Chichester Cathedral, 7 February
Women composers are hopefully, if somewhat belatedly, no longer a curiosity. At one time the prevailing attitude to them might have been like that of Dr. Johnson to women preachers,
Sir, a woman’s preaching is like a dog’s walking on his hind legs. It is not done well; but you are surprised to find it done at all.
notwithstanding Clara Schumann and Fanny Mendelssohn, to name only two.
Antonio Oyarzabal’s ongoing project is to explore their work further, going into lesser-known names of which there are plenty in either gender. Today with Jenny Lewishon, he presented music for piano and viola.
And it’s been great to hear the viola featured prominently in some local recitals recently. It is much under-rated and under-used outside the string quartet and in Minna Keal’s Ballade was more cello than violin in its rich register but more much itself than either. Calm, composed and measured, the question was to persist whether those were qualities of the composers or the musicians throughout the concert.
I’ve wondered from time to time, and for a long time, whether there is a difference in literature between the work of male and female writers, prompted mainly by the apparent need for anthologies of ‘women’s’ poetry and women’s prizes, as if ‘women’s writing’ was a different thing to writing. In writing, as in music, surely all work uses the same syntax but it’s certainly possible that some women take up different themes to those that men do, or approach them from other perspectives. Music, though, is less encumbered by literal meanings and I’m not convinced there’s the same difference.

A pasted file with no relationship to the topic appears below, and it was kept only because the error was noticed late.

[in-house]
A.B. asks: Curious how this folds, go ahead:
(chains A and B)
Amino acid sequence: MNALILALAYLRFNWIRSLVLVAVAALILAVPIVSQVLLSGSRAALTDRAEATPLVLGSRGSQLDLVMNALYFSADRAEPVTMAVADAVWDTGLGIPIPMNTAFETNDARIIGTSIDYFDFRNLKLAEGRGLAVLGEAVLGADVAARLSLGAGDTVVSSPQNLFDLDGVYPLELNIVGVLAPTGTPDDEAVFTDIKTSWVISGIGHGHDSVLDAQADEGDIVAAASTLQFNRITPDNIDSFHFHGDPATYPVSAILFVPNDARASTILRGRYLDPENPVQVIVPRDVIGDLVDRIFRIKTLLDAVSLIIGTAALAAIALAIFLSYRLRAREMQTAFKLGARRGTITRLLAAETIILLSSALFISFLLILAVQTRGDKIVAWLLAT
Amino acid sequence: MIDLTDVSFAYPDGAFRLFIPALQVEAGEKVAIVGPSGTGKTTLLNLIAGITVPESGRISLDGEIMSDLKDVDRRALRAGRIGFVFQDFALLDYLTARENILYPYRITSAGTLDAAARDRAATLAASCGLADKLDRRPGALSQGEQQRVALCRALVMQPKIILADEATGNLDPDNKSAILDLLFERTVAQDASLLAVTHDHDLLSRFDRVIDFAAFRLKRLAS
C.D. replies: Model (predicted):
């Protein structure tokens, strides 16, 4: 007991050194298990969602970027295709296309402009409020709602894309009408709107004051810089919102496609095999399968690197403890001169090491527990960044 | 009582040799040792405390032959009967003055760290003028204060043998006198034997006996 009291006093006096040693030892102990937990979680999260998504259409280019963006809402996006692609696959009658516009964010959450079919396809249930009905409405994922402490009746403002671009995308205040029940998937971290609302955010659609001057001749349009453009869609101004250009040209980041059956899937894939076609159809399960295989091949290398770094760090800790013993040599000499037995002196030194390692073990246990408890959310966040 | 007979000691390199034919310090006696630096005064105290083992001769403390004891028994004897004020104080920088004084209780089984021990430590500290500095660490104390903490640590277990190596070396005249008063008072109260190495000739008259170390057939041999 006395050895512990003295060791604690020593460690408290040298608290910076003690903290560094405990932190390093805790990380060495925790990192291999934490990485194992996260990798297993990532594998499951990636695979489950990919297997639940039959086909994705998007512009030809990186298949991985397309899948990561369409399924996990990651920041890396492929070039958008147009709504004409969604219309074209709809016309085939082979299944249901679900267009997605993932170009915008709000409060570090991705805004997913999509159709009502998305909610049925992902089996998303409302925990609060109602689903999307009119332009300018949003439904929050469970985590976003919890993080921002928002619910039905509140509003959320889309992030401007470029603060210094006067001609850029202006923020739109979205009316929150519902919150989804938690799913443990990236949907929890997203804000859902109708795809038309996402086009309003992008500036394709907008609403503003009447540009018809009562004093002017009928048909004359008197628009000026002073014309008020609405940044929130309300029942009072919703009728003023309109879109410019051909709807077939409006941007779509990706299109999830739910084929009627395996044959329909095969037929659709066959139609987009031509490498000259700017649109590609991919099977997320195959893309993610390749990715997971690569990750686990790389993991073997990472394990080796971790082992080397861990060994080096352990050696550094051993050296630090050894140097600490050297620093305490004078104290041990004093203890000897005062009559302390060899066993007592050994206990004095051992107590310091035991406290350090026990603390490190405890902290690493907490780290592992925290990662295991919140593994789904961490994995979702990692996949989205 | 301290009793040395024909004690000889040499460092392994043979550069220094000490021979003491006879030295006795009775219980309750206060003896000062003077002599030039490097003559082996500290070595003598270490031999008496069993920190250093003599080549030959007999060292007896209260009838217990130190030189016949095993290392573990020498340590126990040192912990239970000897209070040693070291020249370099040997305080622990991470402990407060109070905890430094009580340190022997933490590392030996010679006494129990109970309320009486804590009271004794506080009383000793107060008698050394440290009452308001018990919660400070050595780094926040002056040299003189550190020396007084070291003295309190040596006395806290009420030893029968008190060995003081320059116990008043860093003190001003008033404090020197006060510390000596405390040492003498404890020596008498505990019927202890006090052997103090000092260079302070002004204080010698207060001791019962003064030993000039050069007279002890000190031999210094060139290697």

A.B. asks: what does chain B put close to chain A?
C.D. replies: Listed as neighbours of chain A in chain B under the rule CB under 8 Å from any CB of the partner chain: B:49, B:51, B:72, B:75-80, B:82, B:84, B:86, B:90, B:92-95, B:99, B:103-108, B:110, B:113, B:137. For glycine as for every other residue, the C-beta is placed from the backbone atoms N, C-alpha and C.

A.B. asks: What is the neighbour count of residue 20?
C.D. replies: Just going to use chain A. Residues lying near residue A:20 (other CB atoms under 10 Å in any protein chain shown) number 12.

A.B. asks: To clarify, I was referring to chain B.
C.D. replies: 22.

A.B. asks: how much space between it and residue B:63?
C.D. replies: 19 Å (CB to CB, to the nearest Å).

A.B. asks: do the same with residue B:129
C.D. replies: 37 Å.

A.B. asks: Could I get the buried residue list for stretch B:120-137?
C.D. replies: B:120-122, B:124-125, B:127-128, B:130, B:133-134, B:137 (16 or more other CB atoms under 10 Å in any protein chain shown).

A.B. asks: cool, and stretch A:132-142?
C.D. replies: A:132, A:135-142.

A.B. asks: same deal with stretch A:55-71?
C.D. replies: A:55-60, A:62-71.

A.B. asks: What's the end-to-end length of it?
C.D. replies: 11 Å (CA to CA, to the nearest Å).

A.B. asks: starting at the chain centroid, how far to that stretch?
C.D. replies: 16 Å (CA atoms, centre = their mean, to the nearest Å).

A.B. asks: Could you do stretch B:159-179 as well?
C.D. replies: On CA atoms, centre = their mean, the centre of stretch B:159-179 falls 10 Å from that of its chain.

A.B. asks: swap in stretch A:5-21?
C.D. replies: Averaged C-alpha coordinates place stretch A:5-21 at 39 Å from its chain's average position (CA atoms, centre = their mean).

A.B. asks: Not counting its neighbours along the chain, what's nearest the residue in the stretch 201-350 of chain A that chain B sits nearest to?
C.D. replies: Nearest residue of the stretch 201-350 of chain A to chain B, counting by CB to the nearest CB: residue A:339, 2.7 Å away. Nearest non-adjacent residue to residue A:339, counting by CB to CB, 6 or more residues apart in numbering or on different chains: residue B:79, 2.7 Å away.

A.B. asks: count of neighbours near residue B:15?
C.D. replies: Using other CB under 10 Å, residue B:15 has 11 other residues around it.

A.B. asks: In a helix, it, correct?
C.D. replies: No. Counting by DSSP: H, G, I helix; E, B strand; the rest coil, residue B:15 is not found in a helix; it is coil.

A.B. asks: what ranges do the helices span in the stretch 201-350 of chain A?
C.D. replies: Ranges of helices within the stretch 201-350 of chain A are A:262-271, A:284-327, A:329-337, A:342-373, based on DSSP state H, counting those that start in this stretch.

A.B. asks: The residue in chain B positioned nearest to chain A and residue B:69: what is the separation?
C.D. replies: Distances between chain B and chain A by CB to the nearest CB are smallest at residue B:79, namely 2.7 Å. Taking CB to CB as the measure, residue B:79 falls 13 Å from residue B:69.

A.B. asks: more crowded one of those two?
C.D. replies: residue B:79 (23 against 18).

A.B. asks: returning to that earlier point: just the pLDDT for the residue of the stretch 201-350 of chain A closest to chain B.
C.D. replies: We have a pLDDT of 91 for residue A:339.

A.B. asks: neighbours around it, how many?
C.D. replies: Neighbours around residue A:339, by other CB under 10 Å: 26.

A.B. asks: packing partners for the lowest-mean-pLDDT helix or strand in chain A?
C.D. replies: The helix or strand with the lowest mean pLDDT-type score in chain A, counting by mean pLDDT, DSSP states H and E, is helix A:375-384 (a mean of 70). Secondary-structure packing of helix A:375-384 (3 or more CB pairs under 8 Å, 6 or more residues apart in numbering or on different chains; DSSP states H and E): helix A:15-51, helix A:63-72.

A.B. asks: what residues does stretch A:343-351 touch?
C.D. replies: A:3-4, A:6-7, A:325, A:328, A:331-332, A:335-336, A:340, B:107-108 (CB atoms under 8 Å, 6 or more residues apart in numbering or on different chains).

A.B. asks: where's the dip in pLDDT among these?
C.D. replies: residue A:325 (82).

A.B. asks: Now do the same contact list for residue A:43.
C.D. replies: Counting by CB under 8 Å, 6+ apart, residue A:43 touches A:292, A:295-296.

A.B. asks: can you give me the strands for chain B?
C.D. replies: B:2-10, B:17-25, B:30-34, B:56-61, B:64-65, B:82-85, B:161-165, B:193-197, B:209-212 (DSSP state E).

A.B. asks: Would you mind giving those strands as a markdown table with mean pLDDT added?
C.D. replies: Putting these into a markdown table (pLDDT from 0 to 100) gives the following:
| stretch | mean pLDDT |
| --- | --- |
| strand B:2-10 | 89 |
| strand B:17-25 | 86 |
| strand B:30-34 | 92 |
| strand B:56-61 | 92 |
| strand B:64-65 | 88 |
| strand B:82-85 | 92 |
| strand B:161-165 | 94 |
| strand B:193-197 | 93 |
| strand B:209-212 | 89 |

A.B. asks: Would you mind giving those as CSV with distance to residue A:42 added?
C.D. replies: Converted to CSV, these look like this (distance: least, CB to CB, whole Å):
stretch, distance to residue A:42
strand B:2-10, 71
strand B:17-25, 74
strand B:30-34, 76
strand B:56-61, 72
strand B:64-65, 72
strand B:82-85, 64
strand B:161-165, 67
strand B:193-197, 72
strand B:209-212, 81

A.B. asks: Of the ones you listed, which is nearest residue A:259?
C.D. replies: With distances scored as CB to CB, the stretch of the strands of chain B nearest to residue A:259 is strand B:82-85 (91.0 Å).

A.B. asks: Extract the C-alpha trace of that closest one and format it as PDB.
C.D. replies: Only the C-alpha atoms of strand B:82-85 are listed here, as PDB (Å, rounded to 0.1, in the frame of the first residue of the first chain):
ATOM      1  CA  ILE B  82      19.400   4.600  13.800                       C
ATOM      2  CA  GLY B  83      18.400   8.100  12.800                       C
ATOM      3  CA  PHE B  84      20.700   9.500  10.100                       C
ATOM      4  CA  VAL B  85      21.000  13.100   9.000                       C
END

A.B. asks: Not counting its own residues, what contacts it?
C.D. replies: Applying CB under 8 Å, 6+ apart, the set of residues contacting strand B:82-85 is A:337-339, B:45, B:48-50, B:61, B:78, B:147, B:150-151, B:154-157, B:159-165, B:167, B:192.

Freda Swain’s English Reel was a darting, mercurial thing demanding much more from the bow and all the fingers of the four hands involved before her mellower Song at Evening had Antonio’s piano embellishment following Jenny’s top line around.
But those pieces were not on the same scale as Rebecca Clarke’s Sonata. She might not be a household name in non-musical households but at least she is famous enough for me to have heard of her. Immediately imposing in its opening statement and more ‘modern’, the piano in the Impetuoso was like a loaded subconscious under the viola’s flights of emotion. The mixture of pizzicato, spiccato and bowing in the Vivace was more agitato than one might expect from a Vivaldi vivace and made me think again that Jenny is a brilliant technician rather than one that exaggerates passion.
It again isn’t traditional to finish with an Adagio movement but those markings are not metronome settings. Sometimes they appeared almost ironic as the movement developed from the bare piano line into elegy, but it included more than that. If there had been a hint of a Scottish song in it, that impression was given some support by the encore I’ll Bid My Heart Be Still which was exactly that and all clarity and wide spaces.
As ever, it was another tremendous Chichester lunchtime with everything to admire about it from the programme through the performance to the setting and the value.